Nearly 70,000 people attend Holi festival in Utah

usamapnewAbout 70,000 people from across the US have gathered in the small American city of Utah to celebrate Holi, with only a small section of the participants being Hindus.

Americans from far and wide are attracted to the festival of colours, which is possibly one of the largest gathering of people in the Western Hemisphere, the local Salt Lake Tribune reported.

The two-day event this weekend is being held at the sprawling lawns of Sri Sri Radha Krishna Temple in Spanish Fork in Utah, which has about 35,000 residents.

A significant majority of them are Mormons, a Christian religious sect whose one of the famous member is Mitt Romney, the Republican presidential nominee in the 2012 elections.

Temple priest Caru Das appeared frequently onstage, exhorting crowd members to give hugs – “not just to the people you came with. Hug a stranger” – and not to think of themselves as ordinary, he was quoted as saying.

“Each and every one of you is lovely and brilliant. No exceptions. This festival is to remind you who you are,” he said.

The festival is organised by the International Society for Krishna Consciousness (ISKCON) and the temple claims this to be the world’s biggest Holi festival.

Celebrations include non-stop live music from great bands, yoga, mantras, dance, cuisine, and of course the throwing of colours.

“I did not walk five feet past the gate before I got clobbered with dust,” laughed David Klco, 54, of Park City, as he stood on the temple hill, watching as pulsating masses of multicolored people danced below, throwing “colours” on anyone and everyone, and passing body surfers uphill from the mosh pit in front of the main stage, the daily reported.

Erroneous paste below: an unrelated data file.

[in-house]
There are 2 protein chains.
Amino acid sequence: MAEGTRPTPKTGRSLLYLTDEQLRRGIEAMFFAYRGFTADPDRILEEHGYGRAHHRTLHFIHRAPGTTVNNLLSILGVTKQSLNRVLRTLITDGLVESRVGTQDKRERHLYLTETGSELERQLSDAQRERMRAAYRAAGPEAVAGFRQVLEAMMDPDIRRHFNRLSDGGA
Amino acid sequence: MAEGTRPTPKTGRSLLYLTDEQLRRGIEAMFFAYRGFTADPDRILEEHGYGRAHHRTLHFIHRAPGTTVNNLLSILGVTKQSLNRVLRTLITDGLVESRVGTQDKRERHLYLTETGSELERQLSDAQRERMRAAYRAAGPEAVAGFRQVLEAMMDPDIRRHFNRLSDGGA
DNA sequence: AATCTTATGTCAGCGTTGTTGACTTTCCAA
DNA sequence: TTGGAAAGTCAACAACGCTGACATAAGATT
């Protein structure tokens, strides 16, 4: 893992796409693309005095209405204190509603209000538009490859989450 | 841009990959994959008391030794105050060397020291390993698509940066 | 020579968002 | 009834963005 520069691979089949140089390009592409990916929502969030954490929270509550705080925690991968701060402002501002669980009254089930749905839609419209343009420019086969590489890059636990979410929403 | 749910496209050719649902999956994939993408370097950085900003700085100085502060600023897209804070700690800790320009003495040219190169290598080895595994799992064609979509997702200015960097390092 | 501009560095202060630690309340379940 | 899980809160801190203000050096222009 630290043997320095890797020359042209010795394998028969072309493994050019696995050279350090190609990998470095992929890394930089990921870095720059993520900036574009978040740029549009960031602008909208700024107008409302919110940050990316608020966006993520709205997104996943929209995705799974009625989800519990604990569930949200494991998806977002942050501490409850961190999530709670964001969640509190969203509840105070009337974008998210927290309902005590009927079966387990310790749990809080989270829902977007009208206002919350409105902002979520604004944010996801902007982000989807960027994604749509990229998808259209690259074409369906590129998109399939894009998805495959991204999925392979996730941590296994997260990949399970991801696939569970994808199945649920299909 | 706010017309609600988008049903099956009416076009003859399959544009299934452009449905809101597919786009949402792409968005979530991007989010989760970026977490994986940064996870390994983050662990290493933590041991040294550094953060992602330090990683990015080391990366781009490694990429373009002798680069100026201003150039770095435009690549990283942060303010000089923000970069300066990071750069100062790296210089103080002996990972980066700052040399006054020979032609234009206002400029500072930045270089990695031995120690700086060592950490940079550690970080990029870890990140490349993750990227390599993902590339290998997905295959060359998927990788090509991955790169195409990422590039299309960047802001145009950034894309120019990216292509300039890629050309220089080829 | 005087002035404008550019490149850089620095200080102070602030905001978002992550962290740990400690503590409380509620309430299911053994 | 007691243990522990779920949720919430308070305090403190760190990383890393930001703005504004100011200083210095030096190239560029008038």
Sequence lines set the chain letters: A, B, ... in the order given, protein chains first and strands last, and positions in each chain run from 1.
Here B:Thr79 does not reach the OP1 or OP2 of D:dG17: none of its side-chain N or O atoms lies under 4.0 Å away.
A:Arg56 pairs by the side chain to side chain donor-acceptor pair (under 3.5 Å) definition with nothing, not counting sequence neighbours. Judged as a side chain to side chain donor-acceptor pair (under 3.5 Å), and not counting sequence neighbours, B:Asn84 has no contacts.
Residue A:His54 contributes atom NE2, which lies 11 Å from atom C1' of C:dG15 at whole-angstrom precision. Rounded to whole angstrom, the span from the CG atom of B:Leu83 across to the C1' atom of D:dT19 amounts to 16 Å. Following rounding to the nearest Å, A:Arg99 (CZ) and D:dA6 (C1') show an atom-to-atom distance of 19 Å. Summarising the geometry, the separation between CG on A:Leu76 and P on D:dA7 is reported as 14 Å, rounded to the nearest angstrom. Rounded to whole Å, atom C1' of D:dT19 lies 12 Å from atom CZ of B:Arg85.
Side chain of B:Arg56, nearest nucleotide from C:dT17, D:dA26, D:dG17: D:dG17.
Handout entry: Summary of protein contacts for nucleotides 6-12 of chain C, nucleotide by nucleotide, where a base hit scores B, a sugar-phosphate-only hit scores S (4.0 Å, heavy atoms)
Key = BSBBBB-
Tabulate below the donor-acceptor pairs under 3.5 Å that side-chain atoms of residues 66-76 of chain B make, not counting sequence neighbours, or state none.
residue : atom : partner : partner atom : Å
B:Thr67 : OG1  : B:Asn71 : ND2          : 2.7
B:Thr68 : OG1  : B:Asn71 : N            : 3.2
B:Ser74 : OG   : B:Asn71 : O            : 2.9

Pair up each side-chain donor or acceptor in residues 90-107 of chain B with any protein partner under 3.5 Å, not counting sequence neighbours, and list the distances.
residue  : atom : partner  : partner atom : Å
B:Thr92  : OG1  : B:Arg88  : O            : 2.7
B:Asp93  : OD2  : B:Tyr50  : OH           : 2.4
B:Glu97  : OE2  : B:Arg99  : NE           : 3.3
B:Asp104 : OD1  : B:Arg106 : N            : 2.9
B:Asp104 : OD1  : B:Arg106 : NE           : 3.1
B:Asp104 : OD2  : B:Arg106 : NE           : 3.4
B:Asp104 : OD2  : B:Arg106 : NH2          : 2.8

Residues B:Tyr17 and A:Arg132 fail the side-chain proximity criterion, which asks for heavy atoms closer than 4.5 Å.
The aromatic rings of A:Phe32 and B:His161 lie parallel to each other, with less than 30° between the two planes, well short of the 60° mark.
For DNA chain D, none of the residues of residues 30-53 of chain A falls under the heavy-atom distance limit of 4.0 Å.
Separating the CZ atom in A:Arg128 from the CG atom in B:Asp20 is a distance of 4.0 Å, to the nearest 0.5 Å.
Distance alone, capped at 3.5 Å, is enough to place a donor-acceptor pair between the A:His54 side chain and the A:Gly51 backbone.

“I came to celebrate my daughter’s 34th birthday. She loves this stuff. She is a rocker,” she added. The packets of vibrant colours were being sold at USD 3 apiece.

“It is a place for your inner child to come out,” said Robynn Kirkham, a Pleasant Grove accountant who runs a construction company when she does not have fluorescent yellow splatters on her temporarily purple and orange face.

The crowd was heavily weighted toward college, high school and junior high school students. But people of all ages made sometimes long walks to reach the temple, with its accompanying farm with llamas and peacocks.

The temple is holding the annual event for the last 25 years.

Source: Business Standard